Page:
Studio BANG shared with us their winning proposal for the IBA Basel competition to design a settlement for commuters in Rheinweiler, Germany. With a strong focus on the last part of the commuters daily way back home, this new settlement is composed of 3 different row-housing units with 28 of them forming a structure that is slightly denser than the surrounding single-family house units. Thus, lower building costs and a closer community is enabled. More images and architects' description after the break.
Rheinweiler as district of Bad Bellingen is located at the Oberreihnische Tiefebene a lowland plain at the Rhine. The connection to Freiburg and Basel sets the possibility for a commuter settlement. The existing village supplies a useful infrastructure regarding facilities like butcher, baker, kindergarten, primary school and sport clubs. Thus, a daily family life in a rural community is ensured while at the time the agglomeration Basel securing several job opportunities is reachable within 25 minutes.
Commuting from home to work and back means not only movement but standing still. In the early morning the habitants of the new settlement will start a daily journey. They will walk, sit down, wait. They will move fast and slow, by foot, train or car. But commuting means not only going to work, it also means coming home. How does coming home work? To answer this question is the main aim of this design. First of all we need a destination; home. A silent and intimate place to feel save and secure. At the same time a place that provides family and even more communal life. A place that no-one knows better than we do. A place that is waiting for us each time we leave. Therefore, the last stage of a commuter's way back home is from station to bedroom.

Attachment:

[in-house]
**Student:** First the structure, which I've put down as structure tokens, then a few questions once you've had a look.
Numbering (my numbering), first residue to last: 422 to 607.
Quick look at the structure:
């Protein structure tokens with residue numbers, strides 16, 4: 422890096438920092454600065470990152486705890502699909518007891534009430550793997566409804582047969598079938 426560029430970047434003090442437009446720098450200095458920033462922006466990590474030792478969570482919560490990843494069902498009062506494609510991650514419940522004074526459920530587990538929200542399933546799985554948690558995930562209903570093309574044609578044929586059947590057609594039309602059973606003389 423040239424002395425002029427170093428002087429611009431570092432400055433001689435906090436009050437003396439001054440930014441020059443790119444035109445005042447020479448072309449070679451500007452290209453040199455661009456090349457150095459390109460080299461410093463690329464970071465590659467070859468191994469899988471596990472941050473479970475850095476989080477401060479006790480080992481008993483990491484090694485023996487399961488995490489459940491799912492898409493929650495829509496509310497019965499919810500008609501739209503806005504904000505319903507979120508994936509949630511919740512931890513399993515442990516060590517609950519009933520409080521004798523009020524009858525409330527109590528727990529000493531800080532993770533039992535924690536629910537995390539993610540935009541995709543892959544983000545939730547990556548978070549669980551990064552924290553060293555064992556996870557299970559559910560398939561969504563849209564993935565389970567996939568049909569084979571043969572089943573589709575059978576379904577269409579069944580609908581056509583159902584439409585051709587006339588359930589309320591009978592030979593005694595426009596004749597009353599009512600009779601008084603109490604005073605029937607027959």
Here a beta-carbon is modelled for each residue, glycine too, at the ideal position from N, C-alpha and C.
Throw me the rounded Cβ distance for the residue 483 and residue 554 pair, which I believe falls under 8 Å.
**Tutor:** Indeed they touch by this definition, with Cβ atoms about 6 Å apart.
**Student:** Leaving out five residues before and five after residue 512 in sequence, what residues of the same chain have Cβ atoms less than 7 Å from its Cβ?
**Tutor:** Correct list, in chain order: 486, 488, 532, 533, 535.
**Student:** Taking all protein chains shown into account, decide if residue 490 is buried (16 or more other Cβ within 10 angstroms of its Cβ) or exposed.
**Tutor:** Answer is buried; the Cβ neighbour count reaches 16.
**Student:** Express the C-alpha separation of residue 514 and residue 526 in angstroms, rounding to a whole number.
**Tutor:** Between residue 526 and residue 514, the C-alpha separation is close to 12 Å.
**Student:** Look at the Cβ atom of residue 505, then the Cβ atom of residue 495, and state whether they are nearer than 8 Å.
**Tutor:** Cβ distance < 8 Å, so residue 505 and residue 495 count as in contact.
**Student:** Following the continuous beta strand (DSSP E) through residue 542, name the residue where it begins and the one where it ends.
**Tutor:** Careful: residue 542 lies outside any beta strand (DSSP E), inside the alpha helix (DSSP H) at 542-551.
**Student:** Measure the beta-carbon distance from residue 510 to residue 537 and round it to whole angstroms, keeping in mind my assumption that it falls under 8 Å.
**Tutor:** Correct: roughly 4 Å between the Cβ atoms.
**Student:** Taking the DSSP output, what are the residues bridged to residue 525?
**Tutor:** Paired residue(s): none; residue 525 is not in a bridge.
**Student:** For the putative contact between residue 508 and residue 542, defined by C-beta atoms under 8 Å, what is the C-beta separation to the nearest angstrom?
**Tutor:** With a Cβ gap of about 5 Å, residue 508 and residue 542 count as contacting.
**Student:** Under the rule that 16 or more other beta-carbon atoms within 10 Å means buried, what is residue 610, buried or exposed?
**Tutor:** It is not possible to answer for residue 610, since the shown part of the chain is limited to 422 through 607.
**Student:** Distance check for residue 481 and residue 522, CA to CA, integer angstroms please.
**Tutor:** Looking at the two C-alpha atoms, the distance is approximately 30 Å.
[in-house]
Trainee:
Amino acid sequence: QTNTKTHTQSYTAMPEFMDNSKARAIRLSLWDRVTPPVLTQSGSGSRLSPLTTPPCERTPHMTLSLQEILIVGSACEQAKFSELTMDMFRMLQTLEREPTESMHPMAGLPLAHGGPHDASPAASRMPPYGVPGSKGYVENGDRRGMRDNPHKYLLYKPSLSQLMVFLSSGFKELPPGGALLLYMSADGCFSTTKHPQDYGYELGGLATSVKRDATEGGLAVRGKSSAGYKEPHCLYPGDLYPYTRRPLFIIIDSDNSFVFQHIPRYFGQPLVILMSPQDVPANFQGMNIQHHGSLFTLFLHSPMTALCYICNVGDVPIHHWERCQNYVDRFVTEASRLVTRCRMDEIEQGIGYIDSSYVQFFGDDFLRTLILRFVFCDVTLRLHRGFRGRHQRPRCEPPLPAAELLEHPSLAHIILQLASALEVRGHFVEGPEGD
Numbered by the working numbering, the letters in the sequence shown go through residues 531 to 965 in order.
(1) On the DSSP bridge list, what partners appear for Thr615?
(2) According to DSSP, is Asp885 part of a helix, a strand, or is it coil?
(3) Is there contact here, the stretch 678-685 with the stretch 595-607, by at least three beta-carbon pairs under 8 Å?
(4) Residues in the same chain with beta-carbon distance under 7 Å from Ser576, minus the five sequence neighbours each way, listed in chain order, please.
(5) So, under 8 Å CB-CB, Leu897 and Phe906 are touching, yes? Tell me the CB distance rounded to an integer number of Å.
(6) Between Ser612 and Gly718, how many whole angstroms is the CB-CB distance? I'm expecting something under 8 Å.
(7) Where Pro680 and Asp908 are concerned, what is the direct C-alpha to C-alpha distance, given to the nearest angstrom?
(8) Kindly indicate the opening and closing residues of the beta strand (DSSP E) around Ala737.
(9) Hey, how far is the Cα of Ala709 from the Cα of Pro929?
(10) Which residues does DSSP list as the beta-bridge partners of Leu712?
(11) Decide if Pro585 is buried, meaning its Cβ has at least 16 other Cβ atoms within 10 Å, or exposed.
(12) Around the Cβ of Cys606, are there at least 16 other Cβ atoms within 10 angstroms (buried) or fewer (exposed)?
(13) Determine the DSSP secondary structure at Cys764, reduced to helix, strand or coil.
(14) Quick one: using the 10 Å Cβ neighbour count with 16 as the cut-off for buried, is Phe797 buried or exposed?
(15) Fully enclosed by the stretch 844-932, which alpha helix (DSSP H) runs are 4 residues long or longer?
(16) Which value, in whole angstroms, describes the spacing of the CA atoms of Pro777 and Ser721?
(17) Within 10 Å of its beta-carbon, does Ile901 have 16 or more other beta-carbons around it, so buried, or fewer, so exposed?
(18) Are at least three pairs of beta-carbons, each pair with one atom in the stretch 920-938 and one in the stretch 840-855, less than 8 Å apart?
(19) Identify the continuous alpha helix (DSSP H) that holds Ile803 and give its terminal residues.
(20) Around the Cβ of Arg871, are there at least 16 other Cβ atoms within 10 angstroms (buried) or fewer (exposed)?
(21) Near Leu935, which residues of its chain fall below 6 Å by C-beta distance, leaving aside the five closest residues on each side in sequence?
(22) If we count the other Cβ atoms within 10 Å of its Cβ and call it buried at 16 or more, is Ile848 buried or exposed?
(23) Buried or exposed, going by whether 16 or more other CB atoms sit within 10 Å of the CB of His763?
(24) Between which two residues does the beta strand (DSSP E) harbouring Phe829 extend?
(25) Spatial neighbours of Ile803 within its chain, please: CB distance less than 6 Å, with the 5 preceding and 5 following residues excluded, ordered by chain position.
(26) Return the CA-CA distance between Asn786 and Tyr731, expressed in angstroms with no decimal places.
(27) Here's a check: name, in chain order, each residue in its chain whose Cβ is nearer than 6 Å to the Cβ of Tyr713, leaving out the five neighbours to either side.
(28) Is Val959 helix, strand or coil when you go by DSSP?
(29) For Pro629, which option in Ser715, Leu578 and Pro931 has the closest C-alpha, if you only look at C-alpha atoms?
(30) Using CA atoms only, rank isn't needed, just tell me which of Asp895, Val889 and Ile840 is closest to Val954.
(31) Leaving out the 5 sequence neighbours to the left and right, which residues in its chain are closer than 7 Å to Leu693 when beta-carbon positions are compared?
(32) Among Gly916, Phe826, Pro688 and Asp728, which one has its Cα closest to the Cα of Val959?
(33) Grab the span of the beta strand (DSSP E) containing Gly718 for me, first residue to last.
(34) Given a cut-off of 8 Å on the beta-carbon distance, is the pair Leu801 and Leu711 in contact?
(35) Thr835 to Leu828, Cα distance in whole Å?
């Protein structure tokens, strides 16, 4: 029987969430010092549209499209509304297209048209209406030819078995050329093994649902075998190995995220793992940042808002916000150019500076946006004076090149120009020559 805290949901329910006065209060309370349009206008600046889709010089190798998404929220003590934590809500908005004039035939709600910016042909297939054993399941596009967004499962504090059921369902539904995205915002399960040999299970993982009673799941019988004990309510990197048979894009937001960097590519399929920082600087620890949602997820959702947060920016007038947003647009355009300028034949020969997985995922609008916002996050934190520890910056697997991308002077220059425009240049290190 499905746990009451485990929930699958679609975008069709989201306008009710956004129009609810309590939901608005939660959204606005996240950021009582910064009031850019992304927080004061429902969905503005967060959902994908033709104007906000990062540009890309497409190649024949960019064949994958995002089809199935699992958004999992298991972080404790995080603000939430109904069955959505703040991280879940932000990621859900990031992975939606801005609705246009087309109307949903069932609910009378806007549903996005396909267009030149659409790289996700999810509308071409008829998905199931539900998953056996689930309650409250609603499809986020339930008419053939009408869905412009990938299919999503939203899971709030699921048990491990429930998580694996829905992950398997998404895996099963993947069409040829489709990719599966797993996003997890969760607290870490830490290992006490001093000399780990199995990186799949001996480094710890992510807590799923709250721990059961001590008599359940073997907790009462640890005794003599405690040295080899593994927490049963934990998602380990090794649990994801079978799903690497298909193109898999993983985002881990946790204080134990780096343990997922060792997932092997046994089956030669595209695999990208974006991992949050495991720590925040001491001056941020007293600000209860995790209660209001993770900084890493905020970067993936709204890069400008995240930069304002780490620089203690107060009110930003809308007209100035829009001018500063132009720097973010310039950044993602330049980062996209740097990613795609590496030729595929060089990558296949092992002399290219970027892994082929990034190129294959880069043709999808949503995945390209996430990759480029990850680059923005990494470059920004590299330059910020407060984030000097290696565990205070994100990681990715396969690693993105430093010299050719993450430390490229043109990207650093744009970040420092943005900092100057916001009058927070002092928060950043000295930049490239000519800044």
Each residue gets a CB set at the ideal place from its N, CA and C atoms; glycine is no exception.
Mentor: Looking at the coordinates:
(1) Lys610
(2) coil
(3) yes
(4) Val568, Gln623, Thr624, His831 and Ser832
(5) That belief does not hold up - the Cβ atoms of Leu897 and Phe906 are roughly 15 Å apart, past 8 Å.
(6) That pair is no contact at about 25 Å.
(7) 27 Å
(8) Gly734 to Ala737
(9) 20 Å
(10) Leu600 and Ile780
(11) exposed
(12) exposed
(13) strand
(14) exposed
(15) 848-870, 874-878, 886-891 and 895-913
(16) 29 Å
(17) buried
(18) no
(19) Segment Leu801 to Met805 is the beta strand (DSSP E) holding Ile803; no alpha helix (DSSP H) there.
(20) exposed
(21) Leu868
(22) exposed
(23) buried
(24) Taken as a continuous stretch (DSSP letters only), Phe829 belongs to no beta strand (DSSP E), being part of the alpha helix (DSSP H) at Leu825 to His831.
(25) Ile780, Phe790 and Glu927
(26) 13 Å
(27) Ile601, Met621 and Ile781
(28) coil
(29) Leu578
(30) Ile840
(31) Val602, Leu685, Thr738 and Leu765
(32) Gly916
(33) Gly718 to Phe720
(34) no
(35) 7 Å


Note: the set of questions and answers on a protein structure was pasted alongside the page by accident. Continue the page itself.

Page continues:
Various public and semi-public places in combination with private zones provide different stages of intimacy within the settlement. Habitants are free to choose the current level of intimacy. Diverse paths and views between the houses increase the level of privacy while passing the way from the station to the private areas in the inside of the homes. By building only one upper floor, which is more public and a bottom floor, which is completely private, each housing unit implies a wide view over lowland plain in the west. The inner structure of the settlement is meant to access by foot or bicycle. For cars an underground parking with central access will be integrated.
Some small interventions in the existing building and its surrounding will create a more likely situation for the increasing number of commuters. Some of them are the reactivation of the kiosk and the toilets in the railway building and the integration of park and ride possibilities for both, bicycles and cars. Moreover the platform has to be rehabilitated to enable handicapped accessibility.